The Next Silicon Valley?

The Next Silicon Valley

Over recent months, we’ve looked to outline a handful of exciting investment opportunities for investors. We began our journey by looking into the prospects for emerging markets and China before diving into the less headline-grabbing, but no less compelling, world of fixed income.

We aim to conclude the trilogy this month with a closer look at the more familiar but equally exciting region: UK equities. The UK was recently dubbed as “the next Silicon Valley”, and while many investors initially reacted to the suggestion with scepticism and, in many cases, outright disbelief, there are plenty of reasons to be optimistic about the prospects of old blighty.

The Great British Back Off

Over the years since the Brexit referendum, UK equities have had their fair share of ups and downs, reflecting the fluctuating economic conditions, geopolitical developments, and unique make-up of the UK’s largest firms. Whilst the drivers of change have varied over the years, they have all contributed to the same thing – increased uncertainty. Uncertainty can be particularly damaging as companies and investors cannot plan or forecast with any clarity; therefore, the perceived risks of future investments increase.

One bout of uncertainty occurred when the UK looked to back away from the perceived centralised power of Europe and Brussels, as many considered that the French and German power bases directed the decision-making. Since then, we have witnessed further political divergence as many European countries have some elements of the far-right on their ballot papers that look to champion a nation-first agenda.

Ironically, when the UK voted to leave the EU, there was much talk about a new wave of nationalistic and protectionist policies that could be introduced into UK politics. These elements of populism continue to cause uncertainty for Europe, including the Netherlands, France, Germany, and Italy, who all find themselves under more significant pressure from factions and sectors within the respective countries to put their own interests above those of others.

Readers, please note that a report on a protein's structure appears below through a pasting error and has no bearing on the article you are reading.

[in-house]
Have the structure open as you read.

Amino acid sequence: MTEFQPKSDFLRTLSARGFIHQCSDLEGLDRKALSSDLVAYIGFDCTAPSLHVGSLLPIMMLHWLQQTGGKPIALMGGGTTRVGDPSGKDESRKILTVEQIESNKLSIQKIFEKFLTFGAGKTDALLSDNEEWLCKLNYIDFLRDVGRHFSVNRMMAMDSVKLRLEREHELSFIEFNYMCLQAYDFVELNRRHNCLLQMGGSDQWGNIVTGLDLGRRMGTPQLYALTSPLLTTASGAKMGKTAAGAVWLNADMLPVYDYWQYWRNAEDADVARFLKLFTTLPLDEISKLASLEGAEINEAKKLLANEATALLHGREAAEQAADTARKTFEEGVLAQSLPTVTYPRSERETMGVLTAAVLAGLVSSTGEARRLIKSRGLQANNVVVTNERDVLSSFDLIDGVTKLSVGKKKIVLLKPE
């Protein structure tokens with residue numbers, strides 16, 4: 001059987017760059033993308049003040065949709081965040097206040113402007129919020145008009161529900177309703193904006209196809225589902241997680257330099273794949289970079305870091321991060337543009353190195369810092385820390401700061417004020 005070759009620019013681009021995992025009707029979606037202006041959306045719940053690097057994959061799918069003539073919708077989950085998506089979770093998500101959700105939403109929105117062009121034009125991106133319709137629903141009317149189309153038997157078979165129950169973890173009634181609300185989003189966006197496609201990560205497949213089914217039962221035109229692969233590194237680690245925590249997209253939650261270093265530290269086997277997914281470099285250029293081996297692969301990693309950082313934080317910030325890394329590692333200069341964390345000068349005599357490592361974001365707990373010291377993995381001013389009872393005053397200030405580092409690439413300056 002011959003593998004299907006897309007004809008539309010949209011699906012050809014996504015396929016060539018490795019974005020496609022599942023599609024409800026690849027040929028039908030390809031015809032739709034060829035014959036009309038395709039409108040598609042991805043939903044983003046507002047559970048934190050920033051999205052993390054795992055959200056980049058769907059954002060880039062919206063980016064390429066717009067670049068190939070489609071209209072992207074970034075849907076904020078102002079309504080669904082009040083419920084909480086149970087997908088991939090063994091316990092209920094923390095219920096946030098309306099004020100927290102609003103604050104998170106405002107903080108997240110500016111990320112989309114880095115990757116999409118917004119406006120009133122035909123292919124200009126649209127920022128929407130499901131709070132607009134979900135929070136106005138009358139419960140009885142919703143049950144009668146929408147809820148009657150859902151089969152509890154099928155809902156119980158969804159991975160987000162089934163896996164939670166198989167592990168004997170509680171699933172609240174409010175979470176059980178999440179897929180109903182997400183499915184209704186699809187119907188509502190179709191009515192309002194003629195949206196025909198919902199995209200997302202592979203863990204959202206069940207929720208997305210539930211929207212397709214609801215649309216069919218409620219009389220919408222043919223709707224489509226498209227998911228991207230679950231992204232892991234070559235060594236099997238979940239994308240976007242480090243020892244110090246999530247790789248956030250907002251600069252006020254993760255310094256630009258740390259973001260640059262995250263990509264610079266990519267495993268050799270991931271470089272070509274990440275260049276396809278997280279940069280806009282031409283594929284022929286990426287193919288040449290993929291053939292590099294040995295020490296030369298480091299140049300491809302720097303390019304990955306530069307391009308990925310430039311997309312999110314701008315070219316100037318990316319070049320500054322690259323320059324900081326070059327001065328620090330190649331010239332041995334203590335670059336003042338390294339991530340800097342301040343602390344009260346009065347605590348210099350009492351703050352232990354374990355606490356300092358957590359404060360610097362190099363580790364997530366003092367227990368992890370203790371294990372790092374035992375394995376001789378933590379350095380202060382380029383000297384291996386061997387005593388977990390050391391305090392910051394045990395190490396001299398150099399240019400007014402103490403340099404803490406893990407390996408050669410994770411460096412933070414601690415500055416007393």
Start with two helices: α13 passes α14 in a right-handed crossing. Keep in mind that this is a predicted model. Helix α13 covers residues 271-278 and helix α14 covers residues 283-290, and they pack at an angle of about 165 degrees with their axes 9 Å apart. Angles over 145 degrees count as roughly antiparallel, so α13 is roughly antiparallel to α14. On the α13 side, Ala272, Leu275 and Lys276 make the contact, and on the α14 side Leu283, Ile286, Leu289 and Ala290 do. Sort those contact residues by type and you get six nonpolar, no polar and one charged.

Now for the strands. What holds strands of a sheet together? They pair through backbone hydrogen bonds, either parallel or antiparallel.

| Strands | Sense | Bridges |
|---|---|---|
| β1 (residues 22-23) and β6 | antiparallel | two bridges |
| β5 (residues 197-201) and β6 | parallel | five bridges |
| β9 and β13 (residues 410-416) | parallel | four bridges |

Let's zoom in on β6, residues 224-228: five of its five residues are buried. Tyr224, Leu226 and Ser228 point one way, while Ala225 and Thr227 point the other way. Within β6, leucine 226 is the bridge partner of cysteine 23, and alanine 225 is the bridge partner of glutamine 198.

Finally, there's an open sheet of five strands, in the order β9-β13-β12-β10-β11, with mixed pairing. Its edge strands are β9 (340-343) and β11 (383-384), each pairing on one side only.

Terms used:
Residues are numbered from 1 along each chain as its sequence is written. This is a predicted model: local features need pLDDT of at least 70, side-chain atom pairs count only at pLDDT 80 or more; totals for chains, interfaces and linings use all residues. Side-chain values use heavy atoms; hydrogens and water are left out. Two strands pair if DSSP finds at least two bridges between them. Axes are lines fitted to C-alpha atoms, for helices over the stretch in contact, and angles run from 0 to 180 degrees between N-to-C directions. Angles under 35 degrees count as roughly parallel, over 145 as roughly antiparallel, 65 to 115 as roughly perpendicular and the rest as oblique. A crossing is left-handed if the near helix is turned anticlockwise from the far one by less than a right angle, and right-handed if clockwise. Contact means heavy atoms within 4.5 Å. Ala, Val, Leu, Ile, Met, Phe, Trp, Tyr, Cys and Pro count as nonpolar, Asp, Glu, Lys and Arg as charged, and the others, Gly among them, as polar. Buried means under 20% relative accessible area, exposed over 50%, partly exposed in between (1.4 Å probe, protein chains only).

As an example of how this is being perceived, Bloomberg ran the headline this week – “Popularism Is Scaring Away Big Businesses in The Netherlands”.

However, with our referendum retreating in the rearview mirror, the UK is heading in the general direction of a ‘soft-left’ government and increasingly seen as more benign. This is in stark contrast to the era when there was potential for a Jeremy Corbyn led labour government and the perceived negative impact of less business-friendly policies caused genuine concern at a corporate level. Again, the fog of uncertainty seems to have cleared somewhat here as the UK begins to benefit from the political stability of two broadly centrist parties battling it out at the general election.

It is worth considering that it is not always what a country does itself; rather, its position relative to others that can alter perceptions of risk and uncertainty.

The Stock Market is Still Not the Economy

Investors withdrew £14 billion worth of UK equity assets in 2023, marking the eighth straight year of net outflows. These withdrawals were consistent throughout the year as investors sold out of UK equities month on month. The biggest sellers were retail investors, equating to £10.18 billion outflows. Retail investors were instead buying into the perceived safety of the IA Volatility managed and IA Short-Term Money Market sectors – the latter saw net inflows of 2.2 billion last year alone.